The Daily Grind Video

Super producer and tech junkie Dallas Austin spoke to GlobalGrind about the Beat Thang, his new music making device which is presently on sale in the Musical Instruments department Best Buy stores across the country. 

Beat Thang has 3,000 original, sample-free sounds, hundreds of original beats, loops and 65 digital effects, including waveform editing, mixing and mastering capabilities, a 3.5 inch full color LCD screen and a four-hour rechargeable battery.

We spoke to the Atlanta-based producer by phone. Check it out below!

GlobalGrind: How did you get involved with Beat Thang?

Dallas Austin: I was actually working on the Air Phone product and I met the guys, AJ and Rev. They had started out with doing a virtual version of the machine and making a prototype for the Beat Thang when I met them.

I wanted to do an electronic company and so I was starting around electronics at the same time and that’s one of the reasons why the person introduced us. When I saw it I said, instead of just making an OK machine, let’s take it to the next level. So, we spent the six months or so just looking at the things we didn’t do and made sure the sounds and stuff are right, testing it back and forth with one program and different programmers.

We finally felt like we got it right and we were like,’OK let’s go!’ We put out the first round, started seeing a lot of people come around; people started testing the product and now we’re in the first wave of seeing it actually go out to people, which is a trip! I’ve been the only one with it for so long, me and the guys. I feel like it’s my baby because I make all my records with it. I put so many sounds in it and stuff.

Above: Austin with the Beat Thang at the 2011 BET Awards.


My engineers and friends will sit there and they’ll cut through my sounds and they’re like, ‘Man, are you sure you wanna give these sounds away, man?’ I say, that’s the whole point of making the machine. I got so much equipment, even when they came in where everyone started to use Pro Tools and everything else, I’m like, you can get rid of all that, but I’m not getting rid of none of my stuff.

So I got rid of every SP 1200 and everything else I had. For the longest I was trying to find partners and make a beat machine and something to work with Logic and Pro Tools and all my stuff. It was like I would just aggravate the hell out of my engineer. We went back so it was engineer proof and really loaded it up with sounds that are off the chain! I remember like when I had an SP1200, it  had a certain ring to it. When we started making components for the box we had to make sure it sounded great.

Above: Austin with the Beat Thang at the 2011 BET Awards.


How heavy is the device? It looks big!

It’s pretty heavy. It looks light, but it’s heavy. We didn’t want to make it huge. We wanted to keep it fresh and portable. I’m spoiled, I walk around with it all the time. 

Beat Thang looks like it was pulled from Star Trek!

I’m a space head so when we were making it, I was thinking about Tron.

What artist did you make tracks for using Beat Thang?

I made tracks for Chris Brown, Gaga, Leona [Lewis]. The Gaga record is probably the best registration of it.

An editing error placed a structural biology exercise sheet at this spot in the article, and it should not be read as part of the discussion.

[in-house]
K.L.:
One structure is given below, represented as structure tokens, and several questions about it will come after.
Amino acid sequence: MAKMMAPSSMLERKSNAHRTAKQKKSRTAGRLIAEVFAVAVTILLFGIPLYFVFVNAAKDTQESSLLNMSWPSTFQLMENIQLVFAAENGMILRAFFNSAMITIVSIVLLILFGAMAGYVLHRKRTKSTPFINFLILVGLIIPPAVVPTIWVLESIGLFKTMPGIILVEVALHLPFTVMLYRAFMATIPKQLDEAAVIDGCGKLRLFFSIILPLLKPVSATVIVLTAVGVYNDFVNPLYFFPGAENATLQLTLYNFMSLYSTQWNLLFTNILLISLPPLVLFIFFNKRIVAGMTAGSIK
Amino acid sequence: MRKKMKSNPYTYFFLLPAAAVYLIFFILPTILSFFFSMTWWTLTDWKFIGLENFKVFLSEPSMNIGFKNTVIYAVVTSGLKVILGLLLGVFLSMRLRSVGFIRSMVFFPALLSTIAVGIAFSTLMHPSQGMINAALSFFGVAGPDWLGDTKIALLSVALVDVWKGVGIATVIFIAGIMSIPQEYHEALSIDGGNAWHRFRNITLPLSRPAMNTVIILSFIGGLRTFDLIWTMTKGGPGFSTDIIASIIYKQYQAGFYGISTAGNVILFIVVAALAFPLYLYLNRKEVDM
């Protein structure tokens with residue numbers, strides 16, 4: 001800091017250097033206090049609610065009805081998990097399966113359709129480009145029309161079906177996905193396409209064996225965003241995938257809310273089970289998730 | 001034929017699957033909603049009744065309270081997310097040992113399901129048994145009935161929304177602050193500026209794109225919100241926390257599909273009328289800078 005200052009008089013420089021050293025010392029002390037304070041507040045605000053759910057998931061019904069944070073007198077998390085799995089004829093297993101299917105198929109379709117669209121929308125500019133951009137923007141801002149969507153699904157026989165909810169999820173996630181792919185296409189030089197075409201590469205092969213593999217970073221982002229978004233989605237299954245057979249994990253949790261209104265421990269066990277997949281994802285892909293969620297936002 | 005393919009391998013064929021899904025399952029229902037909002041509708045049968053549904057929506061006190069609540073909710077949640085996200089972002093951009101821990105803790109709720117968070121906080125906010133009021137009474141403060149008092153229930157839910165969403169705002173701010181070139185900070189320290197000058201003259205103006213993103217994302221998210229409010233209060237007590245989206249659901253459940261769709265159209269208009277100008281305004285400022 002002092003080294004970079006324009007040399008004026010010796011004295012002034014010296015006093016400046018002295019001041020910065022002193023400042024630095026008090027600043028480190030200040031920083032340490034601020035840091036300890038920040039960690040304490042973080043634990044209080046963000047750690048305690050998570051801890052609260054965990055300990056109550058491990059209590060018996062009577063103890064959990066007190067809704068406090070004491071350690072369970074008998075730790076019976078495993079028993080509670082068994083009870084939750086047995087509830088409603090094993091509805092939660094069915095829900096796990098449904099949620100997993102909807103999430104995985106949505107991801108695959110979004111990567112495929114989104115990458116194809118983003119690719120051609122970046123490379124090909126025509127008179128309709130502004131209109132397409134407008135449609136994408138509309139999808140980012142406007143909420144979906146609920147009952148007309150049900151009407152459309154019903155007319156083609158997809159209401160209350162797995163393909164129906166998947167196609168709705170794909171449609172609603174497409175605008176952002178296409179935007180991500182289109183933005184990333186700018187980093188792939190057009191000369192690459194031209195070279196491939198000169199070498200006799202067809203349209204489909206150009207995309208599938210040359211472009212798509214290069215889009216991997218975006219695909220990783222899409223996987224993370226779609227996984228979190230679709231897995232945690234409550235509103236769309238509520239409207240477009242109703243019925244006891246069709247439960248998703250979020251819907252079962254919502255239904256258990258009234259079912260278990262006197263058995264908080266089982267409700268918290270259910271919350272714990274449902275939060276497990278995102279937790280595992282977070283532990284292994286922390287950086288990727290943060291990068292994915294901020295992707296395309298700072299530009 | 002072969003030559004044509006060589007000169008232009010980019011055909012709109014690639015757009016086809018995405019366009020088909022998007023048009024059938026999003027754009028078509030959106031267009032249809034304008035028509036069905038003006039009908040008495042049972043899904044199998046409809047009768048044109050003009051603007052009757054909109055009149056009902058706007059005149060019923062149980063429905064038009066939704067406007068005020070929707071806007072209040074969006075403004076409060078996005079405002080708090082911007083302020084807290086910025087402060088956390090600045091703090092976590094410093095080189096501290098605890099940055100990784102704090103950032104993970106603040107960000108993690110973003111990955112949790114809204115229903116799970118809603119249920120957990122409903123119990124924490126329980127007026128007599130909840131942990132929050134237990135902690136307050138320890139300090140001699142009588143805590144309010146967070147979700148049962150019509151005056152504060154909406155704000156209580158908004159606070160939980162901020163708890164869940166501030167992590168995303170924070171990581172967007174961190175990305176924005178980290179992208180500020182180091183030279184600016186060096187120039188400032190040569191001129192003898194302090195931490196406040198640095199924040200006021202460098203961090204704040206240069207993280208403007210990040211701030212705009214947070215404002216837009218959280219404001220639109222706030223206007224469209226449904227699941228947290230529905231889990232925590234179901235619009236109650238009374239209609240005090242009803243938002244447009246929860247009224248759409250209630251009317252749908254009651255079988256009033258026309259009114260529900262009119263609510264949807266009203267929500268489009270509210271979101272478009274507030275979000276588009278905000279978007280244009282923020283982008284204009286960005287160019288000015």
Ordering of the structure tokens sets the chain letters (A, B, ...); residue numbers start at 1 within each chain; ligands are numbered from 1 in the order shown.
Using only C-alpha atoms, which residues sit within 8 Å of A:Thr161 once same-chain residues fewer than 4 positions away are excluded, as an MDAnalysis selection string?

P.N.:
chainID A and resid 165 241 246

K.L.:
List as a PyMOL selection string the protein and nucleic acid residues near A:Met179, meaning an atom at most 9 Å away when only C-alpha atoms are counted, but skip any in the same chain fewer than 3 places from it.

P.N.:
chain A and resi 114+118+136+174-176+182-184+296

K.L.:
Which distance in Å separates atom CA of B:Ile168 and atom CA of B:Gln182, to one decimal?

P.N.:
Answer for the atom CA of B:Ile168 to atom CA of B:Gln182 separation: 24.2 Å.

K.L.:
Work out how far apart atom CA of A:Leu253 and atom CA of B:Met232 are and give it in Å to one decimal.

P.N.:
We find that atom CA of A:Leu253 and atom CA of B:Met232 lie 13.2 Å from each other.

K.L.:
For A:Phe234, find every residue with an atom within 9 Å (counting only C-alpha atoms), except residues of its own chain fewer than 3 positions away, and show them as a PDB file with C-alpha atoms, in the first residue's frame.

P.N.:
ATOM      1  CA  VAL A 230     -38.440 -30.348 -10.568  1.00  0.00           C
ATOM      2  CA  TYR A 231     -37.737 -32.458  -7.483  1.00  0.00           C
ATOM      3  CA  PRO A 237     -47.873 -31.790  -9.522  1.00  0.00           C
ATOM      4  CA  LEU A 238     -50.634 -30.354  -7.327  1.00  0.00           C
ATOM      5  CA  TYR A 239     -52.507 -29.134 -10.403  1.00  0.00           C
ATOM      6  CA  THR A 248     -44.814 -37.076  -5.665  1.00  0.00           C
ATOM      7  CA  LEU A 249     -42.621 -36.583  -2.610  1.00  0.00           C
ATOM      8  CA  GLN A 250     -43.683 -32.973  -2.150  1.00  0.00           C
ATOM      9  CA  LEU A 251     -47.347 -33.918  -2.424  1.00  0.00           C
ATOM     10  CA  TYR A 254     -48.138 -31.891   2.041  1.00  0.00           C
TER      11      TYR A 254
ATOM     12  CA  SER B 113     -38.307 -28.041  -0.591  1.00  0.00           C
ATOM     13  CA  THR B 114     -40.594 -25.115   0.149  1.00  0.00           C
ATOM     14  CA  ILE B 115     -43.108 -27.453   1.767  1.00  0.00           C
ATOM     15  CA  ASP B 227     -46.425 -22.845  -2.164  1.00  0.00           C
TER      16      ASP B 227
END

Talk about the price point. $1500 is a little expensive.

It’s a limited edition and I didn’t want to devalue it. One of the things about the machine is that you have sounds by producers. We have sound packages because it’s high quality. This is not a toy, this is 4x more powerful than MPC-60. The real secret to production is the sound. There are so many secrets to this box.


Beat Thang, it seems, cuts production time in half.

I show up at sessions in California and all I have is the machine! The other day I had a party at my house and I had seven different machines set up with headphones and one that ran live so people could get a chance to mess with them.  This is very different from anything you’ve seen before.

Can you talk about how music has changed in terms of marketing and the devices used to make make music accessible to consumers?

We’ve seen the cycle where machines are backed by professionals. When you look at Beats By Dre, the reason people are walking around with $300 headphones when they could be listening to $24-$60 headphones, they do it because they take Dre’s word for it, from a creative standpoint, that it’s supposed to sound a certain way. It then becomes another vehicle for our music. It has always been Sony that makes the music and the player. Magnavox had Seagrams. Its always been the company that made the hardware make the software, the software being the music. Corporations lost the way of doing that when the internet hit. We had to think of new ways to make music translate to different devices.

Now we have people walking around the world with great headphones! It’s gonna go back to where people will want to listen to music together: boom boxes will be coming back! The devices are starting to become more social, more fashion friendly than anything else. What we’re doing is opening up the door and saying, ‘Alright! Y’all want to be producers, you wanna be fresh, here’s the next step to it.’ Here’s all the stuff you couldn’t get ahold of before. Here are sounds, here’s the easiness. You don’t have to get to five things to get to the tempo. Beat Thang is everybody friendly.